Narrative Genesis and Imagination
Yes and no. As a teacher, I consider it my duty to bring awareness to my creative process and share what I learn with others. It makes me a better teacher, because if I can name what’s working (and what’s not working) for myself, in the very least I can articulate that to others who might see a parallel. And at the very best–which I encounter more often than not–it can spark conversation between artists that inspires, informs, and leaves each participant involved feeling a little more sure about where their work comes from and how to nurture it so that it keeps on coming.
When I talk about “imagination” in the context of “narrative genesis,” what I’m interested in is the millisecond occurrence between that first birth of story and that next, imaginative leap. This is where things start to get really intangible. But if we can articulate the sensation, the series of events, or the balancing factors in our lives that precipitate and encourage that leap, we might be able to replicate it. Again and again. Not “replicate” in terms of copy, but replicate in terms of generate.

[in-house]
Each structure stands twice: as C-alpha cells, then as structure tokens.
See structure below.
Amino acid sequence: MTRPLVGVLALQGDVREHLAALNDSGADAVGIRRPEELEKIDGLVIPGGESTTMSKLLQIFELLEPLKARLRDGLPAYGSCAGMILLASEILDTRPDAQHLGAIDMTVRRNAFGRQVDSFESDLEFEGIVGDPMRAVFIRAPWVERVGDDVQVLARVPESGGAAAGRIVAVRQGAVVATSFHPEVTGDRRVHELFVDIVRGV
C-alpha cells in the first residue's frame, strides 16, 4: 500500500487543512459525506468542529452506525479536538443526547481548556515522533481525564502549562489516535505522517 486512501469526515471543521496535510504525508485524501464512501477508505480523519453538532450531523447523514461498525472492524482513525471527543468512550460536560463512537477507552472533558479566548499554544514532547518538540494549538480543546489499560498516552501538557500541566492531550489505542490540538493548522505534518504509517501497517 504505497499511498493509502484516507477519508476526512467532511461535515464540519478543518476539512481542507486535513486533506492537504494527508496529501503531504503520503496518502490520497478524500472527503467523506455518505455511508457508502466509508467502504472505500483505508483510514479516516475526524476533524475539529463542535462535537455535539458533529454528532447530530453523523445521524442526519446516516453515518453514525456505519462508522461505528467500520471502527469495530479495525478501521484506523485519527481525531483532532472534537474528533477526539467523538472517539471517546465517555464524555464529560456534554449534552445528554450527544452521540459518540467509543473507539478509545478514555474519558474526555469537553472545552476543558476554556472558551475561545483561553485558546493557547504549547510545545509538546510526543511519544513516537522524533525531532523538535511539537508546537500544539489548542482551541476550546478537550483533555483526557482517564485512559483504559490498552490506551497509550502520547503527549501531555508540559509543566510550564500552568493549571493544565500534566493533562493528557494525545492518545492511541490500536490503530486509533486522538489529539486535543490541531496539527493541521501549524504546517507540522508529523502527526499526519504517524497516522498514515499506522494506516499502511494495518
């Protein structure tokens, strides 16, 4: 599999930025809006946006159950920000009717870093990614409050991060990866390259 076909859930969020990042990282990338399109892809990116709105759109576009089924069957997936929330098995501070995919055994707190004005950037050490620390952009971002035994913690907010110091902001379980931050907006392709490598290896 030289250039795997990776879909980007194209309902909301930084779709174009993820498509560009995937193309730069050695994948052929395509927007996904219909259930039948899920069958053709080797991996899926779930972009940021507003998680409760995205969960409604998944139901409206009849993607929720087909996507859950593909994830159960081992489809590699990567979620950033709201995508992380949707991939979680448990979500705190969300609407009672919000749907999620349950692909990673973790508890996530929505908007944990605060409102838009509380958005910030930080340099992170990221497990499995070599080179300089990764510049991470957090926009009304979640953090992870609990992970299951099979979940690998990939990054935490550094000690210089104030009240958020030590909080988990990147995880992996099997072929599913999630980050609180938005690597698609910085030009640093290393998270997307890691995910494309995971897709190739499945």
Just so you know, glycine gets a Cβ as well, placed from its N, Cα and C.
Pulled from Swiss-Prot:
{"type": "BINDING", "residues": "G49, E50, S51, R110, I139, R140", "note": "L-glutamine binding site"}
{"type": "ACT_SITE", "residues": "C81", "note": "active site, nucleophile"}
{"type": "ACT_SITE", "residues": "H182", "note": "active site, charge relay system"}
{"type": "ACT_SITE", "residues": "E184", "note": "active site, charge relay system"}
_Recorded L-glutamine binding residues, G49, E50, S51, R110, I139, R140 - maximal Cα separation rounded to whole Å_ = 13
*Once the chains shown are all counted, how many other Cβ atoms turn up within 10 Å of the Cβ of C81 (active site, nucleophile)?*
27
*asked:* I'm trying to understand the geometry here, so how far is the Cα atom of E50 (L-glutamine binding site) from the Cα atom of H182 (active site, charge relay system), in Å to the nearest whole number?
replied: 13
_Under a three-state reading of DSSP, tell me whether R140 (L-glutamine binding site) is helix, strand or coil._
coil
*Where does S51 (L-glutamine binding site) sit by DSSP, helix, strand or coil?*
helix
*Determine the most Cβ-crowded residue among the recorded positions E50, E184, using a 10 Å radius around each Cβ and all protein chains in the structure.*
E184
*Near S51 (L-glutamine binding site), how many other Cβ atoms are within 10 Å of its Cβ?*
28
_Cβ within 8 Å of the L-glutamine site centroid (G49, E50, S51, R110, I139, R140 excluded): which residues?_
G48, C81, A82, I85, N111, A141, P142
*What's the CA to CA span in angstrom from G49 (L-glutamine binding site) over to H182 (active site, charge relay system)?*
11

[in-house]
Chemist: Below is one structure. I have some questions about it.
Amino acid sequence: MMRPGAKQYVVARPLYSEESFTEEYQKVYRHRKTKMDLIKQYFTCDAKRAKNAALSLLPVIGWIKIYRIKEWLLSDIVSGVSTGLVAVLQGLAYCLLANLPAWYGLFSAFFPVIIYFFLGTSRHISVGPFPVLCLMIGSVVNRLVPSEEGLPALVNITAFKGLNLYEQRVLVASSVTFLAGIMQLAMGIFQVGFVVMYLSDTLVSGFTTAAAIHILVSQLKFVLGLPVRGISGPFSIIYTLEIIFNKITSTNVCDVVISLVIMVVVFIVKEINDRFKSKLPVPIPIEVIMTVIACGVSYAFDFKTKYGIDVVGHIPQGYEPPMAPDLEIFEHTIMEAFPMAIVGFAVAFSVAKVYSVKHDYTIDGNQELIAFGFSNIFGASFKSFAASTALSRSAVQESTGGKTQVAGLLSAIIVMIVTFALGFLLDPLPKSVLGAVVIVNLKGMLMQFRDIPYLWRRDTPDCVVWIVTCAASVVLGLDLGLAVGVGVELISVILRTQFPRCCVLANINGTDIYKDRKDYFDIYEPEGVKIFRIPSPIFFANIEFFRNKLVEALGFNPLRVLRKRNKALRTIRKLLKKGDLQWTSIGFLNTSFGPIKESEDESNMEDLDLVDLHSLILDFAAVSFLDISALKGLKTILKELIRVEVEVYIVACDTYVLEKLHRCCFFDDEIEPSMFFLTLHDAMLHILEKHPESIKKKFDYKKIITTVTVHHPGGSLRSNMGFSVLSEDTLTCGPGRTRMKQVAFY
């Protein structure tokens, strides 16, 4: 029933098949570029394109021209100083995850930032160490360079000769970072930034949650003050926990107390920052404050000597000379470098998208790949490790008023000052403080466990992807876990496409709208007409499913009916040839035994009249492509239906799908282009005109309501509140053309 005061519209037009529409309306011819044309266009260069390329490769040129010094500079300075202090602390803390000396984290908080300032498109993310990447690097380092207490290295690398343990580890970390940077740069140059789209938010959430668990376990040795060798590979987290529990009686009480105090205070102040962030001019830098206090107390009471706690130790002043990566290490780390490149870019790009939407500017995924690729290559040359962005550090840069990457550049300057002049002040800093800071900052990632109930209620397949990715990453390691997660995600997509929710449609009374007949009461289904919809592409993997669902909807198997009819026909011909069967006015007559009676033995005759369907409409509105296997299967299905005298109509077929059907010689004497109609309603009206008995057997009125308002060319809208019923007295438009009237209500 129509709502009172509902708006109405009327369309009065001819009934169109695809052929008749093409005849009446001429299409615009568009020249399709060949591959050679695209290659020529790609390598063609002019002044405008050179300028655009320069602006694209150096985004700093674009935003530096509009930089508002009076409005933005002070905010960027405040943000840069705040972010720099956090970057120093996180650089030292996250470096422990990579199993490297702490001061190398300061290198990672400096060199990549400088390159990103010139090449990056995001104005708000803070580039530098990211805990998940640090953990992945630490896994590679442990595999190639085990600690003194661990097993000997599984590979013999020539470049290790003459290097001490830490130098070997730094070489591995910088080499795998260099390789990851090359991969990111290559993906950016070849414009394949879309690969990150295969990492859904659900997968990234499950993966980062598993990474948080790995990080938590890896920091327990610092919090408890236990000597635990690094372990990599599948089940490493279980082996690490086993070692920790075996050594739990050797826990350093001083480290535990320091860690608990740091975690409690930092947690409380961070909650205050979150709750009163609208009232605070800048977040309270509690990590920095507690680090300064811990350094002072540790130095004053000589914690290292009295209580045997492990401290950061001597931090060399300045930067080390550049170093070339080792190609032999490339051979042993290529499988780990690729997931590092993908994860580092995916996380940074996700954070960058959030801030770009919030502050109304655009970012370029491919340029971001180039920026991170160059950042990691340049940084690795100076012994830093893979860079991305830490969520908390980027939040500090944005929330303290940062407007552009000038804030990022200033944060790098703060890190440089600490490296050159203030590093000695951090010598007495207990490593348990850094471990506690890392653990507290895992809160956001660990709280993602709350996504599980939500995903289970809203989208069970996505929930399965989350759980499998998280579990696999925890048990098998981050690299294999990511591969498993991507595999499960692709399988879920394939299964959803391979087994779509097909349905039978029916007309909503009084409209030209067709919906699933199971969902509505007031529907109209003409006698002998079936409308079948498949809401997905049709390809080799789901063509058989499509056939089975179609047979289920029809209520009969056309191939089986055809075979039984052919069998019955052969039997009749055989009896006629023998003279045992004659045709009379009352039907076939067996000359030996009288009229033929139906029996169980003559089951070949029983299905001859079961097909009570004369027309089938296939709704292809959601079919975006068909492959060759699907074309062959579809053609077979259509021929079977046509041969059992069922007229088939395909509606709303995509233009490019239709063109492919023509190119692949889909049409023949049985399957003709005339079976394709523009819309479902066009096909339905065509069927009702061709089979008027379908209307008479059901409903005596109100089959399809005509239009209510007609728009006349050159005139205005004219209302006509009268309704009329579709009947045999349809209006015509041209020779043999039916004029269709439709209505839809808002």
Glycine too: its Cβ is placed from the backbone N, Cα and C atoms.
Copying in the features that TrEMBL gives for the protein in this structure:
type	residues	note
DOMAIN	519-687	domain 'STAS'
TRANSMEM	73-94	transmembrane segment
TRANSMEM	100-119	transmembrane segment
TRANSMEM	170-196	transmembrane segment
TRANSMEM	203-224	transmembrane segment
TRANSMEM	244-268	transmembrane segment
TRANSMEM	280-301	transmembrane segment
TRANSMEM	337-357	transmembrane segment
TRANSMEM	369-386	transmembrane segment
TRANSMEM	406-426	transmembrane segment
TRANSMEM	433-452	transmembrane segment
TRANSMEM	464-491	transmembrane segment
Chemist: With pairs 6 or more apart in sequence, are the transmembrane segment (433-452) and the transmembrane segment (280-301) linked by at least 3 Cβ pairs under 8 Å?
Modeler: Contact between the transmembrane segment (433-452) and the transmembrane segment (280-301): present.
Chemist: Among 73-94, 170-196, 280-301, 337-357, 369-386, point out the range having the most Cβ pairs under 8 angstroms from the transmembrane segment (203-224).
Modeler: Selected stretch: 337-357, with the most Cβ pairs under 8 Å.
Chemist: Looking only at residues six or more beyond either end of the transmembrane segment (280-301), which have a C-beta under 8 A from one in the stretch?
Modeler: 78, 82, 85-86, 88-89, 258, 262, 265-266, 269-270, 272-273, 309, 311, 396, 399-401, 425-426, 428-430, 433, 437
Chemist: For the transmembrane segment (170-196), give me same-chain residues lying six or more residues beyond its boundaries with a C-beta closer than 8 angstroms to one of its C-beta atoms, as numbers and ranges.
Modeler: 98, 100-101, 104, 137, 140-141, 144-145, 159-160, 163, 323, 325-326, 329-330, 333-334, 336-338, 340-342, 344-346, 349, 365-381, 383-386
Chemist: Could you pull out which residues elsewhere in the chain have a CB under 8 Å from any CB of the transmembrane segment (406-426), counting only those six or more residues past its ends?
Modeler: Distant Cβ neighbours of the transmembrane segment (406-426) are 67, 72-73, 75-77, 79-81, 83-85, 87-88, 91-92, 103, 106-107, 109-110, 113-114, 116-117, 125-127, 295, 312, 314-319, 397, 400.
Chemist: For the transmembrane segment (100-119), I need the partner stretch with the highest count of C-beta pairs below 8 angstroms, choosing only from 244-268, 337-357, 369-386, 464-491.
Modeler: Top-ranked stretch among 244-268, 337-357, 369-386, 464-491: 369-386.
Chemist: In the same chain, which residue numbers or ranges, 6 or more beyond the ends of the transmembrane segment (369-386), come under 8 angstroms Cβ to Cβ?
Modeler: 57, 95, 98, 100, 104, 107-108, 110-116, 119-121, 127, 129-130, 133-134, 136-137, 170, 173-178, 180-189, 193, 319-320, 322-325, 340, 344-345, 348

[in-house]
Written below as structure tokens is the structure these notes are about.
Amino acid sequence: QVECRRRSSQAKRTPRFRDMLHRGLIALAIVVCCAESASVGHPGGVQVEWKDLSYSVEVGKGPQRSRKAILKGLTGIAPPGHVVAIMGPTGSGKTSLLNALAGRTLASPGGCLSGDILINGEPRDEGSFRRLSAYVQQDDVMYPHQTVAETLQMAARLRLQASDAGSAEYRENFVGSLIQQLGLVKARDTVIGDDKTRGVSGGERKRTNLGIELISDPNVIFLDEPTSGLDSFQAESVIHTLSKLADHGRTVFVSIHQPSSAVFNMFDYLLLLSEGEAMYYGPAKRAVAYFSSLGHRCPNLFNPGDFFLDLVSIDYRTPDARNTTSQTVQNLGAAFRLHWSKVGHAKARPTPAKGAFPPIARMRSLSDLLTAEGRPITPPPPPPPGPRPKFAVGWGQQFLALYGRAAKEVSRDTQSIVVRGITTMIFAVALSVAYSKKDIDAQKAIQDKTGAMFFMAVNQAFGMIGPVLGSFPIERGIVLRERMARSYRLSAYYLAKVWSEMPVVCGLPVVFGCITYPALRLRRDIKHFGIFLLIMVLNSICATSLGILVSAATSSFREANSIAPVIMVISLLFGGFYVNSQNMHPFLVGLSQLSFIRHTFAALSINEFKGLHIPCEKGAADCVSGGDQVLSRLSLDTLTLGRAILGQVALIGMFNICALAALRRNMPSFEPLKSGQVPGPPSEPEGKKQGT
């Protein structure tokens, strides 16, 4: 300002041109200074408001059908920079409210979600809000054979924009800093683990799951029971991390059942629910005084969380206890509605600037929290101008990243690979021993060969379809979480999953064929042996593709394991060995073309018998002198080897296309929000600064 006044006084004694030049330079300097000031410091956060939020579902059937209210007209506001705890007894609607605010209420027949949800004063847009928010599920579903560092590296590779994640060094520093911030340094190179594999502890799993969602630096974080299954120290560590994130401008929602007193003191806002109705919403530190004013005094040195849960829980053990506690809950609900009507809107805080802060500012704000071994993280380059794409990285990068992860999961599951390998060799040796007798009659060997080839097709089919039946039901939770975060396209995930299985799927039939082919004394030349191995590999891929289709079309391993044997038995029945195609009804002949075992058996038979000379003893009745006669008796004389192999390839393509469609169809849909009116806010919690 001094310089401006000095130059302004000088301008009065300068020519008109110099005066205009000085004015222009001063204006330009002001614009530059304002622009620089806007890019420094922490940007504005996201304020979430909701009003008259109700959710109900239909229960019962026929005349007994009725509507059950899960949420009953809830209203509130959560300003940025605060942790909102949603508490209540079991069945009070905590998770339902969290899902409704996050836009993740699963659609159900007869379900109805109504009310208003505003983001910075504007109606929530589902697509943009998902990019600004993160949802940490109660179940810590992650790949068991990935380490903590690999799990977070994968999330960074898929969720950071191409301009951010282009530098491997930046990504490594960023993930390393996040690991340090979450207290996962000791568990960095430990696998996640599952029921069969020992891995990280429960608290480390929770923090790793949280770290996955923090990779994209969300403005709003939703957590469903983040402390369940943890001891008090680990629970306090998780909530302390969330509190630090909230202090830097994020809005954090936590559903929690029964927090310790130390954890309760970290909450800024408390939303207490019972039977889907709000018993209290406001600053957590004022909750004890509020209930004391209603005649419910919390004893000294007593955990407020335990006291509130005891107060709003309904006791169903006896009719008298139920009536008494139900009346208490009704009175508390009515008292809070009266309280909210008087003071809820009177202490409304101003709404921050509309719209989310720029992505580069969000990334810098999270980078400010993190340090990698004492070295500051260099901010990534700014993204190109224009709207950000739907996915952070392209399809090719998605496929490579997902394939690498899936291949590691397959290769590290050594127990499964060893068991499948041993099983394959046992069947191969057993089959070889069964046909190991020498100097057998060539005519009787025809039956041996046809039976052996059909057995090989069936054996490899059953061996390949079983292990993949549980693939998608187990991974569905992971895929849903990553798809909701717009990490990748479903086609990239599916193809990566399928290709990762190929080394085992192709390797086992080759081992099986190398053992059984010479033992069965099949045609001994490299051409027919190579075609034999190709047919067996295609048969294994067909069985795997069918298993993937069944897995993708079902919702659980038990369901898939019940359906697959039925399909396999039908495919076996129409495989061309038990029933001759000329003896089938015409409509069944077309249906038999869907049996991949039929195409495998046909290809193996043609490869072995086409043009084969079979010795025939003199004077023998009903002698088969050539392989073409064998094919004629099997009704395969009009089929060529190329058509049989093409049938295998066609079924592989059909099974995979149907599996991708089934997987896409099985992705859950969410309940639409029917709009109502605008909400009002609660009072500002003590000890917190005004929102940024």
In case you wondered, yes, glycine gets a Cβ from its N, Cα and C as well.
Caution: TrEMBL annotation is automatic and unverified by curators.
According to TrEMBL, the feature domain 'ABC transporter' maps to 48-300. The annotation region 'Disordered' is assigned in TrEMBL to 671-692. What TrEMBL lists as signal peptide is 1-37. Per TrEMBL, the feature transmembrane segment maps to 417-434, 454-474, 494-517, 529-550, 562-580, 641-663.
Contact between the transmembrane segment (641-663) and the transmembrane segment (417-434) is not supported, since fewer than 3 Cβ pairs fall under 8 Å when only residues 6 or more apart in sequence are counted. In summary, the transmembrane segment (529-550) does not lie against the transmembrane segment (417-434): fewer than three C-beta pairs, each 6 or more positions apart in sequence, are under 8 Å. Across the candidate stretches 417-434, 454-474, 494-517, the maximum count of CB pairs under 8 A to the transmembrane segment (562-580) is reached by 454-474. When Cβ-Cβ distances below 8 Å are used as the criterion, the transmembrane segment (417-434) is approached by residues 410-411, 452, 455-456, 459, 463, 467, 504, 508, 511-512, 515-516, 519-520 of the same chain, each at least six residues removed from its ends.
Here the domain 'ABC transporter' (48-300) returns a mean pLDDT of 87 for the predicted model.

In short, the more we nurture the foundation of narrative genesis and imagination, the stronger, deeper, and more consistent our output as artists can be. That doesn’t mean everything that comes out will be glorious, but it does mean that–to a certain extent–we never have to worry about not knowing what to write. Ever. Again. We have trust in our process. We can dance around where it starts. We can even, sometimes, seduce the process into action on the spot and let narrative unfold from the confidence we’ve gained through practice and insight.